It’s true that FAW has a wealth of talent, great strengths and plenty of resources, but it also faces historical burdens and current problems. While trying to be politically correct, it also has to work on the overall listing and compete in the market. Under this unprecedented pressure, how much confidence does FAW still have in solving the Audi issue quickly? And after encountering some difficulties in the cooperation with SAIC, how much patience and time does Audi still have to wait for FAW to get its own affairs straight and then work with FAW to overcome the huge challenge ahead with every possible means?
Dealers are reportedly refusing to purchase imported cars to force Audi to accept the statement, which means Audi is definitely in a dilemma. What choice it finally makes will depend not only on the decision maker’s boldness and wisdom, but also on the attitude of SAIC and FAW.
But the more important question is – even if the SAIC-Audi cooperation is further suspended or even cancelled, will it solve the problem of the FAW-VW Audi dealers’ huge losses and keep them sustainable? Will Audi really be willing to work with FAW and make it thrive again as a cash cow?
As a matter of fact, the fundamental question – why Audi is seeking cooperation with SAIC – has never been clearly answered. “To sell more cars and make more profit” or “SAIC approached Audi first” are either nonsensical or superficial. Deep down, it’s because there are some serious problems in the cooperation between Audi and FAW, and so far the two sides haven’t been able to solve them, forcing Audi to make such a choice. If you know what has been going on in FAW in terms of personnel changes and management systems in the past two years, if you understand Audi’s current challenges in brand premium and sales in the Chinese luxury car market, and if you know which side is controlling the marketing system of FAW-VW Audi, you will know what the problems are, and you will also know why they won’t repeat them aloud.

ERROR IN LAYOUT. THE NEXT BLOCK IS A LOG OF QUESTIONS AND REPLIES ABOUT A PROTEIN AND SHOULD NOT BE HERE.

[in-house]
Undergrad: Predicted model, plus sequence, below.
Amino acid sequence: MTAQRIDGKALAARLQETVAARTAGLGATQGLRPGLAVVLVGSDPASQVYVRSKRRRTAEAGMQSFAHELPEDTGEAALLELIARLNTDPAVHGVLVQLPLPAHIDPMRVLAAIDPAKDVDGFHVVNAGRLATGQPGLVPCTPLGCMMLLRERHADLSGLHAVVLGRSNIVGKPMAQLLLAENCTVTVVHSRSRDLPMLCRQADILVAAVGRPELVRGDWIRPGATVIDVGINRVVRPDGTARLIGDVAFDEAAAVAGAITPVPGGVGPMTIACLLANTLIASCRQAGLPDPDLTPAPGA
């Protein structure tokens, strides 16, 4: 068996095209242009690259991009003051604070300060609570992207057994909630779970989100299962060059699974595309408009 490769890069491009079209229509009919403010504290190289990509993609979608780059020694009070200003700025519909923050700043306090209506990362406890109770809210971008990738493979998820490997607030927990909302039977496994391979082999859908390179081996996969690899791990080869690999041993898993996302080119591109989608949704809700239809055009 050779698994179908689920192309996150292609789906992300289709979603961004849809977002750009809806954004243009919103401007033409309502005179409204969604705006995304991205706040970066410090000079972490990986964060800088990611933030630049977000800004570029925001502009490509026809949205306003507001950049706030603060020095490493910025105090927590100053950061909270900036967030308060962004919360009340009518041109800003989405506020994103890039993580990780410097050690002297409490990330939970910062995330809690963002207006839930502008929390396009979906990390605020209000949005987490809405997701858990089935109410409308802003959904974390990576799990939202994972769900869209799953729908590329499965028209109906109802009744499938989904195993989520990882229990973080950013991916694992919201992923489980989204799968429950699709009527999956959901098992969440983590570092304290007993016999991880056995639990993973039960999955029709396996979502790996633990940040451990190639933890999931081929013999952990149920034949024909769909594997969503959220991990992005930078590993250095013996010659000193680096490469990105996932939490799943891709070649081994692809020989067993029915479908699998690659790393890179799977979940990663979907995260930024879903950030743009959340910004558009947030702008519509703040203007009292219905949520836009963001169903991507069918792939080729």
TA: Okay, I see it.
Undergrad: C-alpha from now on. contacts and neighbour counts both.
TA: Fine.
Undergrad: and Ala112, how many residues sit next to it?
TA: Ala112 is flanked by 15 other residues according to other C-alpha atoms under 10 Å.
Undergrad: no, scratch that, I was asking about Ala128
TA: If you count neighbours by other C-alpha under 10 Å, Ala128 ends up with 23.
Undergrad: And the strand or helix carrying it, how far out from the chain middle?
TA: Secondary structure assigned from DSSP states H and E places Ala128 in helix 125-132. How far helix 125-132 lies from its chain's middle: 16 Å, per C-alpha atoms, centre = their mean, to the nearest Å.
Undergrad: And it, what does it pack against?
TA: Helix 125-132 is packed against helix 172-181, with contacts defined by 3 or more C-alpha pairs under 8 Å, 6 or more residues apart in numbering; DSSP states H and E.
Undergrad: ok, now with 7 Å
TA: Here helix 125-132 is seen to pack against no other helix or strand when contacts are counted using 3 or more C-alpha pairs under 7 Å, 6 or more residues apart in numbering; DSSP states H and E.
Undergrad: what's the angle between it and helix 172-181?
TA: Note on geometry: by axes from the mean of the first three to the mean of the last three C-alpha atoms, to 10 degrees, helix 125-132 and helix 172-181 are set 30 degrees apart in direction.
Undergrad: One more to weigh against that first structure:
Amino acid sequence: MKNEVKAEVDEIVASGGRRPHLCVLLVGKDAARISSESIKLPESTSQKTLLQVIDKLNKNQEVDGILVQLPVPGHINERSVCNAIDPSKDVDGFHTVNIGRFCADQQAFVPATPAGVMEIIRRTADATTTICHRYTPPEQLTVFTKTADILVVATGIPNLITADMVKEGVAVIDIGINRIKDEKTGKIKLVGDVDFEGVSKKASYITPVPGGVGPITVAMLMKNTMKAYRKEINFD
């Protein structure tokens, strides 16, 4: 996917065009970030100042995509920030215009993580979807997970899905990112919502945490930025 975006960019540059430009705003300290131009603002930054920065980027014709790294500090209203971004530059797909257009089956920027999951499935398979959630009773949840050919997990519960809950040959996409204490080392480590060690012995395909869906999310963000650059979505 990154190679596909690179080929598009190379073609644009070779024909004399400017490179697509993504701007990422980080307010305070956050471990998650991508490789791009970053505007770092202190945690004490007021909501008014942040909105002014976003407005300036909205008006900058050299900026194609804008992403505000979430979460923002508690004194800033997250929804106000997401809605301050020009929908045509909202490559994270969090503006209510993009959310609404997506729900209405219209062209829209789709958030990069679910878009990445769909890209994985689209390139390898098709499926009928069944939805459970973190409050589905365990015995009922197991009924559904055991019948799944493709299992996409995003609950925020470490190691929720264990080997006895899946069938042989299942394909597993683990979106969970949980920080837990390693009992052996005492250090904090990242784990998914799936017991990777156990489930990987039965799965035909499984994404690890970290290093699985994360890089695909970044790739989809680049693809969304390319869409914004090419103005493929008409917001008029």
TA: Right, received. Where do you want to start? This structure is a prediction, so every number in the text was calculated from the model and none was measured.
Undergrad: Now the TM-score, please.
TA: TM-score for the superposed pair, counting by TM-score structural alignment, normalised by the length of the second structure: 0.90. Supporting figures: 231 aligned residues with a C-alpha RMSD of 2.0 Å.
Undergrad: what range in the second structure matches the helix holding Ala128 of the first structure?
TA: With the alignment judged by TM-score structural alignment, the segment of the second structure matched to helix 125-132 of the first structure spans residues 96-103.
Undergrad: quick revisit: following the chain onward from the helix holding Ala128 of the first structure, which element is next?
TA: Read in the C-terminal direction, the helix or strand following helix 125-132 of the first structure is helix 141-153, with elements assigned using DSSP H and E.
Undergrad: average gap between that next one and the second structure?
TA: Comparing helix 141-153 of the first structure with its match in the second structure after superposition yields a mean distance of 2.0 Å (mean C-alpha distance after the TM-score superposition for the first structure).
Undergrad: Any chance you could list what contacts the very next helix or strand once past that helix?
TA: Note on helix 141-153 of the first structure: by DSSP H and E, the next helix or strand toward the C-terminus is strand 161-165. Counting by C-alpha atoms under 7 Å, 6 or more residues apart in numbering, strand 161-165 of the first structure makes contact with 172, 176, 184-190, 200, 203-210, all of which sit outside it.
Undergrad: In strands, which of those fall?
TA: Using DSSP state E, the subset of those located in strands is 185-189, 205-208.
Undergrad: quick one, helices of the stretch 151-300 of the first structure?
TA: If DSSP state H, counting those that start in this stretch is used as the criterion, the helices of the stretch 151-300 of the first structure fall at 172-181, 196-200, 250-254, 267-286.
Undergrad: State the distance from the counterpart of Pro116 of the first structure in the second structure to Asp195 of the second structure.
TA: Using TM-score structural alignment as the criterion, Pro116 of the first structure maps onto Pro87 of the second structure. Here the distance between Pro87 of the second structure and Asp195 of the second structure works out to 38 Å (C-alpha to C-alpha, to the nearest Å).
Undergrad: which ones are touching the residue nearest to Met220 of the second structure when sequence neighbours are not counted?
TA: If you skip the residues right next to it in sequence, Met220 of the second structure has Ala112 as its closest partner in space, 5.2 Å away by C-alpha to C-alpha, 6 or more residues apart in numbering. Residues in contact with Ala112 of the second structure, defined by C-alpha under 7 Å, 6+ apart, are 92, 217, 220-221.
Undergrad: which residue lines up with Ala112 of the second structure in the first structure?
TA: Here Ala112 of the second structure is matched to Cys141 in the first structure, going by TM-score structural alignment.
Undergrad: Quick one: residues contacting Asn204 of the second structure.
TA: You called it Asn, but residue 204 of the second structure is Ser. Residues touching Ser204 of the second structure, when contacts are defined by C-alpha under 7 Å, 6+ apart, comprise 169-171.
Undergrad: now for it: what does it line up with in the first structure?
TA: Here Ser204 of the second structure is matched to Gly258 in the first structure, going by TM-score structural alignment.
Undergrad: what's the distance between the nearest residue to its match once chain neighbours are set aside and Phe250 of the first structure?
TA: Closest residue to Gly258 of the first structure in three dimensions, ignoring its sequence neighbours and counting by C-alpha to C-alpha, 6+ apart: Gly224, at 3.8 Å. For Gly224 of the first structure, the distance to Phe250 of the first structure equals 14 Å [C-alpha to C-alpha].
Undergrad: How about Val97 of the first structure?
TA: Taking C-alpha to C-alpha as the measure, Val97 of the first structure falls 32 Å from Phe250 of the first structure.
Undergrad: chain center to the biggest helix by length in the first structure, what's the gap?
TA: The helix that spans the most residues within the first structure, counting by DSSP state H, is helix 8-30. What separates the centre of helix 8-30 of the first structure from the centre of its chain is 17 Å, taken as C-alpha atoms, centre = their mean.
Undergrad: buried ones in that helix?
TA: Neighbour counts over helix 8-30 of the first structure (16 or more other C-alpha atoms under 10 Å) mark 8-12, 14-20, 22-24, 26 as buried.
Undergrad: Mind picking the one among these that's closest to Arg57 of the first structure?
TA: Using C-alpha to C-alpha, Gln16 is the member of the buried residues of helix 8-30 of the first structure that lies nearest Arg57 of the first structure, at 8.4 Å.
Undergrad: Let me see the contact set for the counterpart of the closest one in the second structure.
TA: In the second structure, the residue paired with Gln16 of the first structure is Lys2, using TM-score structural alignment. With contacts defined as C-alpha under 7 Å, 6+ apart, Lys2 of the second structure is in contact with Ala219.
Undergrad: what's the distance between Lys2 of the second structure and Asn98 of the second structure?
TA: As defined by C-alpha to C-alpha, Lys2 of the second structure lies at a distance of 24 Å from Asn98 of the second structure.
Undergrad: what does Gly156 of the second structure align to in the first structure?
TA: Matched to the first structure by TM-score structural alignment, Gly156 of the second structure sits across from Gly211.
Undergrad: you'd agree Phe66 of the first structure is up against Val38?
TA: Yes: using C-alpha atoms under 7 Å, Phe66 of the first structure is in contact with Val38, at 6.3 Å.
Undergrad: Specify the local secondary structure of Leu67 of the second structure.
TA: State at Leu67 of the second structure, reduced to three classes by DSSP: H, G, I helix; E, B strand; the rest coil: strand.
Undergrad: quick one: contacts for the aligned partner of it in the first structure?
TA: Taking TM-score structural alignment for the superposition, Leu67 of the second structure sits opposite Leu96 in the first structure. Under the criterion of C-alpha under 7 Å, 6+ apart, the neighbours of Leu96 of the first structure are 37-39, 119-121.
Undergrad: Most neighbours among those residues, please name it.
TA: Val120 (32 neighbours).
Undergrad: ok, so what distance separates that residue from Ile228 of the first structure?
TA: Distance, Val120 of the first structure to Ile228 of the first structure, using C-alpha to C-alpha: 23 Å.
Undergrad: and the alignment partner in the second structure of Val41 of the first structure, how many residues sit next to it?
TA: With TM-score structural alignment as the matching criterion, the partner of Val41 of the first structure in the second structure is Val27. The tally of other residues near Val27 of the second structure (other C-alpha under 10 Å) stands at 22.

Although it is one of the most important stakeholders, FAW has said nothing about it, indicating that it finds it really hard to be open on the subject. And before Audi and SAIC started the negotiations, FAW was “notified of relevant information” but did not stop them, which was also probably for the same reasons.
It’s true that FAW has a wealth of talent, great strengths and plenty of resources, but it is also faced with historical burdens and current problems. While trying to be politically correct, it also has to work on the overall listing and compete in the market. Under this unprecedented pressure, how much confidence does FAW still have in solving the Audi issue quickly? And after encountering difficulties in the cooperation with SAIC, how much patience and time does Audi still have to wait for FAW to get its own affairs in order and then work with it to overcome the huge challenge ahead with every possible way?
If the answer is uncertain or even negative, then this will be a negative-sum game where Audi, FAW and the dealers will all lose. On the other hand, the SAIC-Audi cooperation is a nice-to-have for SAIC. If it falls through, SAIC will feel a little unhappy for a moment, but in terms of long-term interests, it will suffer no great loss
Indeed, FAW-VW did a great job in operating the Volkswagen brand, but that’s because Volkswagen and Audi are facing totally different problems and challenges:
First, Volkswagen is a leading mid-range brand, and has great strengths in sales, while Audi is a leader in sales, but has never had much strength as a brand. Especially since it lost its noble status as the “official car,” it has had to make great efforts and use all its resources to rebuild its brand image. But in the process, the two other German rivals are catching up thanks to their great brand strength.
Second, holding only 10 percent of the shares in FAW-VW, Audi has really limited say in everything and gains a very small share of the profit, so there must be some level of discontent. It’s just that this was not so obvious in the times when Audi reigned over the luxury car market, but now, with everything changing so much in recent years, the stresses are starting to show.
Third, Volkswagen AG, its import car sales company, FAW-VW and SAIC-VW are each doing their own job in running the Volkswagen brand, but as long as they don’t screw up they can always support each other and achieve synergy. However, for Audi, since the Audi import car sales network was incorporated into the FAW-VW network, the FAW-VW Audi Sales Division has been gradually taking over all of Audi’s brand building and sales work in China. In all these years, even when the Chinese media attended Audi’s global events, everything was arranged by FAW-VW Audi, and Audi China was just a supporting role and executor, not to mention in those domestic marketing campaigns. Audi’s Chinese press releases to the world are also controlled by FAW-VW Audi. Now if we look at Volkswagen China and even Škoda China, we will see they are much more active and have more control in this area.